International Day of the Girl Child

Today, October 11, is International Day of the Girl Child. It promotes girls’ rights and highlights gender inequalities that remain between girls and boys. To mark it, we are highlighting the work of our partner Girl Be Heard.

What does Girl Be Heard do?
Margaret Mead once said “never doubt that a small group of thoughtful committed citizens can change the world. Indeed, it’s the only thing that ever has”. In 2008, as 12 young women and their mentors created a play for the Estrogenius Theatre Festival, they probably would never have imagined the impact they would be having just eight years later. But they would be proud of what they started.

Girl Be Heard (GBH) is not your average theatre company. It is a burgeoning youth-led feminist movement empowering their over 150 members to tell their stories. GBH theatre is the reality, not the fiction, of girls. Through theatre, education and storytelling, girls are given a space to speak honestly, develop community, hone artistic and leadership skills and become activists. GBH is “a movement like nothing else I’ve ever experienced” said Deanna Alexandra Ibrahim, GBH member since 2009. “Girl Be Heard has changed my life forever,” added Noelia Mann, member since 2012, “I’ve finally found a home for my inner artist and activist.”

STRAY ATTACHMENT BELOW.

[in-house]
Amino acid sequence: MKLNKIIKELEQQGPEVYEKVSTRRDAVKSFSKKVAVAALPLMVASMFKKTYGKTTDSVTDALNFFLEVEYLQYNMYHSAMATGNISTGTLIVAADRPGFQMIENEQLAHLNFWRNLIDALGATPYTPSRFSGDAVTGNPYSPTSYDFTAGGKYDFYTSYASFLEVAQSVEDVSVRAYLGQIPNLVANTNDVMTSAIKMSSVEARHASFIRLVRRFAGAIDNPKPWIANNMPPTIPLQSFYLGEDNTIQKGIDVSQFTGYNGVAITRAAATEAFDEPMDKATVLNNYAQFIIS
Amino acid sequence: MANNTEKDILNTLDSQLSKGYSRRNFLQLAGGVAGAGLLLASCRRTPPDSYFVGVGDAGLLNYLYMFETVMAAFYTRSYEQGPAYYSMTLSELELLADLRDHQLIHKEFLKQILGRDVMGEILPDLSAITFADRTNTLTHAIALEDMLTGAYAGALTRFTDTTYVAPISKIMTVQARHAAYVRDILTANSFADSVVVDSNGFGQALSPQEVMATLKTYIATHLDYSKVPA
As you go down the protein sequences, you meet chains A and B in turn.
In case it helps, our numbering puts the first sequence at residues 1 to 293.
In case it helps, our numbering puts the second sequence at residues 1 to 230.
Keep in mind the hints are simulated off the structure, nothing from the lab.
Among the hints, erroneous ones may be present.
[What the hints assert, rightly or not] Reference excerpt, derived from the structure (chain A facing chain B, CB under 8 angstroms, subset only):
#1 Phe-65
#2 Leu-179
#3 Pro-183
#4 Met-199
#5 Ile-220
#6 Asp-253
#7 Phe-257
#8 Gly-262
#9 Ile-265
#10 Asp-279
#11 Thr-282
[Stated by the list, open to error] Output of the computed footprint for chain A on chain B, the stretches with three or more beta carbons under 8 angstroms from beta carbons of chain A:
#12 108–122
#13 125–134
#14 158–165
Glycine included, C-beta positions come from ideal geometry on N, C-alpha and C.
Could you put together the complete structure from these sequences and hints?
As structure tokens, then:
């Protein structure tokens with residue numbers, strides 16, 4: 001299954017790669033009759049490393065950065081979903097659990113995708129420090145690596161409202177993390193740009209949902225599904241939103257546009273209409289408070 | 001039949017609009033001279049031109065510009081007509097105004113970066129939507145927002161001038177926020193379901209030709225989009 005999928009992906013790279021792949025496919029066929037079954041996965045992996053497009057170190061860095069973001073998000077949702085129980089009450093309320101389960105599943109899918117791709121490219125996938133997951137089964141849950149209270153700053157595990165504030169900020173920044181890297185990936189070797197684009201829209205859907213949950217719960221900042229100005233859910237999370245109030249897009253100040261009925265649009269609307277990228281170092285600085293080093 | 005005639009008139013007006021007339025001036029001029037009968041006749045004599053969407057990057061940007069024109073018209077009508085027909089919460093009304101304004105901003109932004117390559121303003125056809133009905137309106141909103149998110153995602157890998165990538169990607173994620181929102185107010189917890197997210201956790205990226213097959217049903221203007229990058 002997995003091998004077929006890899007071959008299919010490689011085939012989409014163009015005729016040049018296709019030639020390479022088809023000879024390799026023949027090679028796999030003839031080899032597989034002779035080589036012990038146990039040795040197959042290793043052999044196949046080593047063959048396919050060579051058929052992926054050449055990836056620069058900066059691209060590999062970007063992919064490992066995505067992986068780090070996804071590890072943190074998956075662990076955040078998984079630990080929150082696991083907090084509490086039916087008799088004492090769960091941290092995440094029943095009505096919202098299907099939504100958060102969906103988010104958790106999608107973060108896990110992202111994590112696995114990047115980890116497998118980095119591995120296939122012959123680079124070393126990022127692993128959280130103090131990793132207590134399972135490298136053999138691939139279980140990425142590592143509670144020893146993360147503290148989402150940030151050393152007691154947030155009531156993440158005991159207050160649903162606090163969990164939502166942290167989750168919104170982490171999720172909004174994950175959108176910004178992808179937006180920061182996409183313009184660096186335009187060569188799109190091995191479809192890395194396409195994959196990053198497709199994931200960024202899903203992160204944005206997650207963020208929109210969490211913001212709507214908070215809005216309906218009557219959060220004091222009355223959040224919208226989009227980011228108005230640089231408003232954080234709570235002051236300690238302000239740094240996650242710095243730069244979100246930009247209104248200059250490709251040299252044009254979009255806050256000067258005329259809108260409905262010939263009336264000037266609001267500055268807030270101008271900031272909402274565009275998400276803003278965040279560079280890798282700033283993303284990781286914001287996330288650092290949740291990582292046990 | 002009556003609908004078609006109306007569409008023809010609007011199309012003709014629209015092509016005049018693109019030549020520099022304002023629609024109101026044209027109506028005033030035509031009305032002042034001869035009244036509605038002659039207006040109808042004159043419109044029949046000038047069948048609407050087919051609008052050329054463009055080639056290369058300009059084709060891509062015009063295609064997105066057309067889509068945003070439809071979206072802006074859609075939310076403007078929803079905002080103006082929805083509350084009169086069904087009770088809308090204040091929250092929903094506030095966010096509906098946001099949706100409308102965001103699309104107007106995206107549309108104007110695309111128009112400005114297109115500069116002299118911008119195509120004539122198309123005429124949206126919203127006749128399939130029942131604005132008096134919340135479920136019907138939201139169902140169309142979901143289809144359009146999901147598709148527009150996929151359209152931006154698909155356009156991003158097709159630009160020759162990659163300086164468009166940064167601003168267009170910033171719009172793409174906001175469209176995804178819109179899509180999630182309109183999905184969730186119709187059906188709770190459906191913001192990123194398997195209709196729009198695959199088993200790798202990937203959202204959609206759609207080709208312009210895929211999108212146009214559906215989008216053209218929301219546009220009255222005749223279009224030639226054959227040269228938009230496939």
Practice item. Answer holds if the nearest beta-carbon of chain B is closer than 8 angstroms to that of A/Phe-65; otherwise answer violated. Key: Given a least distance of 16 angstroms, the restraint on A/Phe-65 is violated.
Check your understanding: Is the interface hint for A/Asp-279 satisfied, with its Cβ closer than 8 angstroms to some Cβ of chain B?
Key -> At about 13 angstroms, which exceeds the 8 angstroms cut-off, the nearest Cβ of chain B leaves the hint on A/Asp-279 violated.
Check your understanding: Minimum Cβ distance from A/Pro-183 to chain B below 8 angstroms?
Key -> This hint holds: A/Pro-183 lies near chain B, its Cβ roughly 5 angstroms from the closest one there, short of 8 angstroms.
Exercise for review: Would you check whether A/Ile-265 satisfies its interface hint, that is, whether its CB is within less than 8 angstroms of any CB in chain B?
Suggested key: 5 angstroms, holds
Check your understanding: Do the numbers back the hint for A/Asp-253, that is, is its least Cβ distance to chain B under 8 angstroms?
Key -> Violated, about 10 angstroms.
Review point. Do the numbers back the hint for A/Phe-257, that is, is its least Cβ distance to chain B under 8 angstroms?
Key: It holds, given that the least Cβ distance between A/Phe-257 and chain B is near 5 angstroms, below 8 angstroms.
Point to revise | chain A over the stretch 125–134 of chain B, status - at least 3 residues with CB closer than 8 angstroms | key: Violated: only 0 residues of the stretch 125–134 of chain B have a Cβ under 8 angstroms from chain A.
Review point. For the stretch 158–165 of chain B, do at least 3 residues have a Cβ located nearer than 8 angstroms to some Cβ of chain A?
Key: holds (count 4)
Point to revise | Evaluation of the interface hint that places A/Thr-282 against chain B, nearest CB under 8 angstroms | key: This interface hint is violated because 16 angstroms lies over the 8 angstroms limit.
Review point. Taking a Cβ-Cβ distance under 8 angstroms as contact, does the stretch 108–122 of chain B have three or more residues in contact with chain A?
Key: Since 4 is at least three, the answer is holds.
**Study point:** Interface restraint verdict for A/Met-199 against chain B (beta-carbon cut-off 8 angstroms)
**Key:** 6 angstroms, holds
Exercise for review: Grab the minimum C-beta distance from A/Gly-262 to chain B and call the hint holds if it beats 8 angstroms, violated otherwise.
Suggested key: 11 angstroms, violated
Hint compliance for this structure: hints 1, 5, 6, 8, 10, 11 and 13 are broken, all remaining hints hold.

Theatrical performances are a key element of GBH’s philosophy. GBH participants perform their own original work covering issues they care most about – from sex trafficking to gun violence, homelessness to rape, bullying to body image. “GBH is about giving girls voices. I want people, especially little girls, to hear our words and find the courage to make themselves heard. There is no reason for anyone to silence you,” said Destini Henry, GBH member since 2014. GBH has performed at the White House, TED conferences, the United Nations and at schools, universities, detention centres, refugee camps and corporate events, among others.

GBH also runs a variety of girl-empowered education programmes such as afterschool programmes throughout New York City for at-risk communities, interactive workshop sessions and cross-cultural exchange partnerships, including experiences such as sightseeing and local cuisine tastings. GBH is now building a girl movement around the world engaging local communities in other countries, centering girls as leaders in these communities to make change.

Girl Be Heard has been an Oak grantee since 2015. To find out more about its amazing work and history visit its website or check out its YouTube channel for lots of interesting videos showing the girls in action.

“If a girl can change her own life, she can change the lives of girls everywhere”
– Girl Be Heard philosophy.

 

© Girl Be Heard